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Official Journal of the Italian Society of Social Psychiatry
Indexed/Abstracted in: EMBASE, e-psyche, PsycINFO, Scopus
Online ISSN 1827-1731
Volterra V., Ruggeri M., De Ronchi D., Antonelli A., Belelli G., Mastrocola A., Veronesi S.
Background. To evaluate practical and emotional family burden relating to chronic psychotic patients in some Italian community-based psychiatric services (CPSs).
Methods. The study has been conducted at four CPSs in Northern Italy on patients who: a) fulfified the DSM-III-R criteria for diagnosis of schizophrenia, delusional or schizoaffective disorder; b) had been treated for at least 10 years by these services; c) had not been institutionalized for most of the time during the preceding three years; d) had a key relative in contact with both patient and service. Patients were assessed by the Briel Psychiatric Rating Scale and the Global Assessment of Functioning Scale and key-relatives by the Social Behavior Assessment Scale.
Results. Seventy-nine subjects have been examined and assessed. Patient's impairment was higher in social functioning than in psychopathology. Relatives experienced a considerable amount of distress as a consequence of some patients behaviors (specifically offensive behavior, heavy drinking, misery, self-neglect) and disabilites (specifically in sexual relationship, support, affection, decision making, everyday conversation, spare-time activities). They had many problems in the areas of leisure time, social life, physical and emotional health; such problems were frequently judged as a consequence of the patient's presence in the family and caused high levels of distress. The relatives judged their link with the CPSs as a source of great psychological relief, but not so efficient in terms of practical help.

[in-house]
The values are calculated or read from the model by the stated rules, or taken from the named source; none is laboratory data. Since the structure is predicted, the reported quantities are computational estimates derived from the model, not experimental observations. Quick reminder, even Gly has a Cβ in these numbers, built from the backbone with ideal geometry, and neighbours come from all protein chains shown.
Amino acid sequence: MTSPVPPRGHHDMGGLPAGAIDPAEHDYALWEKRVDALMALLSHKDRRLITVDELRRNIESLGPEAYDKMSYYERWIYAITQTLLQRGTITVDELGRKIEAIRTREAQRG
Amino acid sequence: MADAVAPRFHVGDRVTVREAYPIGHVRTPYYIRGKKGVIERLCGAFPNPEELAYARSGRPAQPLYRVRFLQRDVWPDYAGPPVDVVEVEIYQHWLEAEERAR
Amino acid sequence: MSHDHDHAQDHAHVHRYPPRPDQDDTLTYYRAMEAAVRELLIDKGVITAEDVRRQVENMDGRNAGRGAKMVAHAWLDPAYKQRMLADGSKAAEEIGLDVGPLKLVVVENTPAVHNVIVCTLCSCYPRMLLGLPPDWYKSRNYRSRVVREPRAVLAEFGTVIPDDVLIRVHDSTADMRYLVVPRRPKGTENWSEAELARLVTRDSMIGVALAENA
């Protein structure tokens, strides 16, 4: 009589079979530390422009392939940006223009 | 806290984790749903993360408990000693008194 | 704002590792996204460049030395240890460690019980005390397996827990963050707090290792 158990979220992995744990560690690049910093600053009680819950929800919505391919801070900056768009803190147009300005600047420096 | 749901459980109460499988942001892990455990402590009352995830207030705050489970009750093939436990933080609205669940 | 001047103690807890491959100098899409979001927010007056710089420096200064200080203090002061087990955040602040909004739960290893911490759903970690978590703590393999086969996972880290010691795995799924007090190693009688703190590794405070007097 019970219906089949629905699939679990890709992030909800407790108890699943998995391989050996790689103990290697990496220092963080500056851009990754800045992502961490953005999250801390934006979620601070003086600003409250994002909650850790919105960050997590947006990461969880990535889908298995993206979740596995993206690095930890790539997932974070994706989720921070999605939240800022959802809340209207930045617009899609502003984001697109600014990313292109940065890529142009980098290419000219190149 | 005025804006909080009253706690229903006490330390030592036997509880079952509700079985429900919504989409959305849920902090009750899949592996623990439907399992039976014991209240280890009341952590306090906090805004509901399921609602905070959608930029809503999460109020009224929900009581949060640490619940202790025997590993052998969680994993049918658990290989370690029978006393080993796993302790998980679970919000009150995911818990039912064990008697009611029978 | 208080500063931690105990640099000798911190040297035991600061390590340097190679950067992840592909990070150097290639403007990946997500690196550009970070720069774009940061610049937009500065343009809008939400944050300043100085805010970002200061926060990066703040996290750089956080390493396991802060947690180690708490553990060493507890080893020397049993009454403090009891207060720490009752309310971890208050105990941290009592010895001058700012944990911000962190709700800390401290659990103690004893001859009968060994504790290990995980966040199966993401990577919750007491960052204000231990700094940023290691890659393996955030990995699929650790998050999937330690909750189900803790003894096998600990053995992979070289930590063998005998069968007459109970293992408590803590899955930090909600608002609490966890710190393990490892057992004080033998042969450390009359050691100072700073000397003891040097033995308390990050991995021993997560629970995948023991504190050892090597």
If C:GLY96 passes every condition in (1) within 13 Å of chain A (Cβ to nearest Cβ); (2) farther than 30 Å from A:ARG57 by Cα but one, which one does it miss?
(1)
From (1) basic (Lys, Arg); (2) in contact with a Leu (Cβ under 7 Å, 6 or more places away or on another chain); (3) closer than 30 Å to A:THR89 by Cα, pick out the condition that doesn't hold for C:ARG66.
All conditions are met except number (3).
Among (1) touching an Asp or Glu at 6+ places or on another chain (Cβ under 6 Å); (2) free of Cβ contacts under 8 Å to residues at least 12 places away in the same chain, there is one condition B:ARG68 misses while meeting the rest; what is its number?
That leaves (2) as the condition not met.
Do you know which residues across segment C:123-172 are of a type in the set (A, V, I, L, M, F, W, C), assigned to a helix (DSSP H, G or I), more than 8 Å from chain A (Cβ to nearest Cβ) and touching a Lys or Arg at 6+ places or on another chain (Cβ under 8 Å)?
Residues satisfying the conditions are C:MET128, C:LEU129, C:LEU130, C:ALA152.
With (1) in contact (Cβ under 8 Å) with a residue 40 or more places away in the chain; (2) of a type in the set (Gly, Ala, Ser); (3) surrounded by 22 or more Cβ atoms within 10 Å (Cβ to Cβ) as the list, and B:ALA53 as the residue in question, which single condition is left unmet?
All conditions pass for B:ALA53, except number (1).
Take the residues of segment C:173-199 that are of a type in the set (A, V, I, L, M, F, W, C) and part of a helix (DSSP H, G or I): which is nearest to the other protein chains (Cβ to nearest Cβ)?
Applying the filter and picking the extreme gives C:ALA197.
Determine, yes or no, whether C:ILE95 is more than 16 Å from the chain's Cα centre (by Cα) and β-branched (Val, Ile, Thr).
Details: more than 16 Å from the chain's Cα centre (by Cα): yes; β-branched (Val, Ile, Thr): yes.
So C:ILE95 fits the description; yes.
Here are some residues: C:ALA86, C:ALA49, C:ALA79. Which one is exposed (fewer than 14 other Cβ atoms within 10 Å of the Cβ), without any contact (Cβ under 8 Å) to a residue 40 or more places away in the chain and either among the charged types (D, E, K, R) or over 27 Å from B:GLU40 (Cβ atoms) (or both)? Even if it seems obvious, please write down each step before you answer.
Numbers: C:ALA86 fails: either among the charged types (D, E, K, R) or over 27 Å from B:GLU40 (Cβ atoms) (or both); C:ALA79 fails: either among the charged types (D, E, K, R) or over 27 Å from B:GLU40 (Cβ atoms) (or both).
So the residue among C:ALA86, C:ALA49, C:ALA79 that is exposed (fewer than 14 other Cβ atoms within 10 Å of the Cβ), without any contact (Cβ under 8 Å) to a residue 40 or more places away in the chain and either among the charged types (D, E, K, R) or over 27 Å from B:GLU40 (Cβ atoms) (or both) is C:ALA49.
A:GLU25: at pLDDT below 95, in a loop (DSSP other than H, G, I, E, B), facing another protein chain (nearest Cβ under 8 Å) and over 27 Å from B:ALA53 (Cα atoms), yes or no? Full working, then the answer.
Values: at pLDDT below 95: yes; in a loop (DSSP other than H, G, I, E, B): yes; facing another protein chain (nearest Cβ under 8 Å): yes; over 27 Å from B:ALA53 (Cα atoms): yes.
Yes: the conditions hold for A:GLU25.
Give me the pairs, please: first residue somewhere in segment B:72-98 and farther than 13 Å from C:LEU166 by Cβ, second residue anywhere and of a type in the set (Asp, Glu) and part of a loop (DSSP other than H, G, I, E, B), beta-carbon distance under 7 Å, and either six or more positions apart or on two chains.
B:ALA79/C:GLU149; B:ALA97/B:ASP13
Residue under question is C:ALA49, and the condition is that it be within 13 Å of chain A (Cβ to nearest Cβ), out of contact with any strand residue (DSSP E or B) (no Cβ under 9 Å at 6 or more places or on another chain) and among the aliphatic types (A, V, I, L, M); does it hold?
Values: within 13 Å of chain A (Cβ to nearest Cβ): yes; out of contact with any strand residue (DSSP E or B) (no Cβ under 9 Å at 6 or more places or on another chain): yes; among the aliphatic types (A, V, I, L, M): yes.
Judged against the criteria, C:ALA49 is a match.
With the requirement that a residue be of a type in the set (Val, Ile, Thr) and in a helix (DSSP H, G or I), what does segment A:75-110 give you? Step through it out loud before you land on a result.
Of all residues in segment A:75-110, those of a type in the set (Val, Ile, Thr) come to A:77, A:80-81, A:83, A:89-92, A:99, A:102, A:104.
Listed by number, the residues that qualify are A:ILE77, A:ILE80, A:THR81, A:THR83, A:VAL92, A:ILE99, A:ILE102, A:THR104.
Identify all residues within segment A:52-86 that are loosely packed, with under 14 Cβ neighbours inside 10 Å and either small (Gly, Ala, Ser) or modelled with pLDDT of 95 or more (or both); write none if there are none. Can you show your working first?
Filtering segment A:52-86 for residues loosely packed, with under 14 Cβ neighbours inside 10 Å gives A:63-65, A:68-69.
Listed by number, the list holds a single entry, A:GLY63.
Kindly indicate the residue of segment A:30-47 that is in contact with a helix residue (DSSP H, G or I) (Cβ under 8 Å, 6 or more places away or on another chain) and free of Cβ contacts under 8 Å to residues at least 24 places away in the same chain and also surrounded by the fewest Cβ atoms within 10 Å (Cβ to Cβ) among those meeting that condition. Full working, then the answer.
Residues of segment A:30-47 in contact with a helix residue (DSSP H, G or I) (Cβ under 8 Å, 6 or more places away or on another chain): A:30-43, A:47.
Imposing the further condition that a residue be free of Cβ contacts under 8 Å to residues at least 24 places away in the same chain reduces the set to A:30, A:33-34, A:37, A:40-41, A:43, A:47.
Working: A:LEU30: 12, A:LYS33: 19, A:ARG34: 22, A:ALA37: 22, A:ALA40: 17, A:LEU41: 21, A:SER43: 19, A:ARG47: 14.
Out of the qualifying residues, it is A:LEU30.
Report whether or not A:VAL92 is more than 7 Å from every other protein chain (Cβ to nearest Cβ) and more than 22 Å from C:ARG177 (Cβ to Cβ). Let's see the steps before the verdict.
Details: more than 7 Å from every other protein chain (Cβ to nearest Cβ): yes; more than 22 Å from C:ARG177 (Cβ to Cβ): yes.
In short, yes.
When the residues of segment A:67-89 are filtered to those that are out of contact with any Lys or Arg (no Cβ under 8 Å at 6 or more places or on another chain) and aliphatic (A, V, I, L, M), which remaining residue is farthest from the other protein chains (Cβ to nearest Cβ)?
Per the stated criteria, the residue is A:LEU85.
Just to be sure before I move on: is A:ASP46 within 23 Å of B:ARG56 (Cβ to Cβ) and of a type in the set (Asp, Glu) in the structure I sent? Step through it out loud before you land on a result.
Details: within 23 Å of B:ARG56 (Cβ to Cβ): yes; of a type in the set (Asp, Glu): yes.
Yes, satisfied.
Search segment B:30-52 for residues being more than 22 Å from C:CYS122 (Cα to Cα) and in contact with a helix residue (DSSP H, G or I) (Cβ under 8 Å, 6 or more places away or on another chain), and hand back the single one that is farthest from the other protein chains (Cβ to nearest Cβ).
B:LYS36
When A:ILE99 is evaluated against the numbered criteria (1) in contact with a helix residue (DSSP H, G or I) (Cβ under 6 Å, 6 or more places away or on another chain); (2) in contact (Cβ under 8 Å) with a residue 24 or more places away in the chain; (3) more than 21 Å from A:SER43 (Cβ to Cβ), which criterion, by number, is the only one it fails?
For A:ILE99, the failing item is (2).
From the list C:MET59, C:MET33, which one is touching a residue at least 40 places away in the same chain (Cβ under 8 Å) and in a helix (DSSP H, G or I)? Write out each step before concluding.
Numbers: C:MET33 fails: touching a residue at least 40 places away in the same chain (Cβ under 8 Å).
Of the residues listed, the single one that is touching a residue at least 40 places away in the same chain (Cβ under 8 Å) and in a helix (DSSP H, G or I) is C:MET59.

Conclusions. These data obtained in four Italian CPSs show that chronic psychotic patients may not have high levels of psychopathological symptoms; nevertheless, their behavior and disability may cause high practical and emotional burden in their families. The CPSs included in this study provide considerable psychological relief to relatives and continuity of care; still, these data indicate that strategies aimed at relieving practical family burden should be sharpened.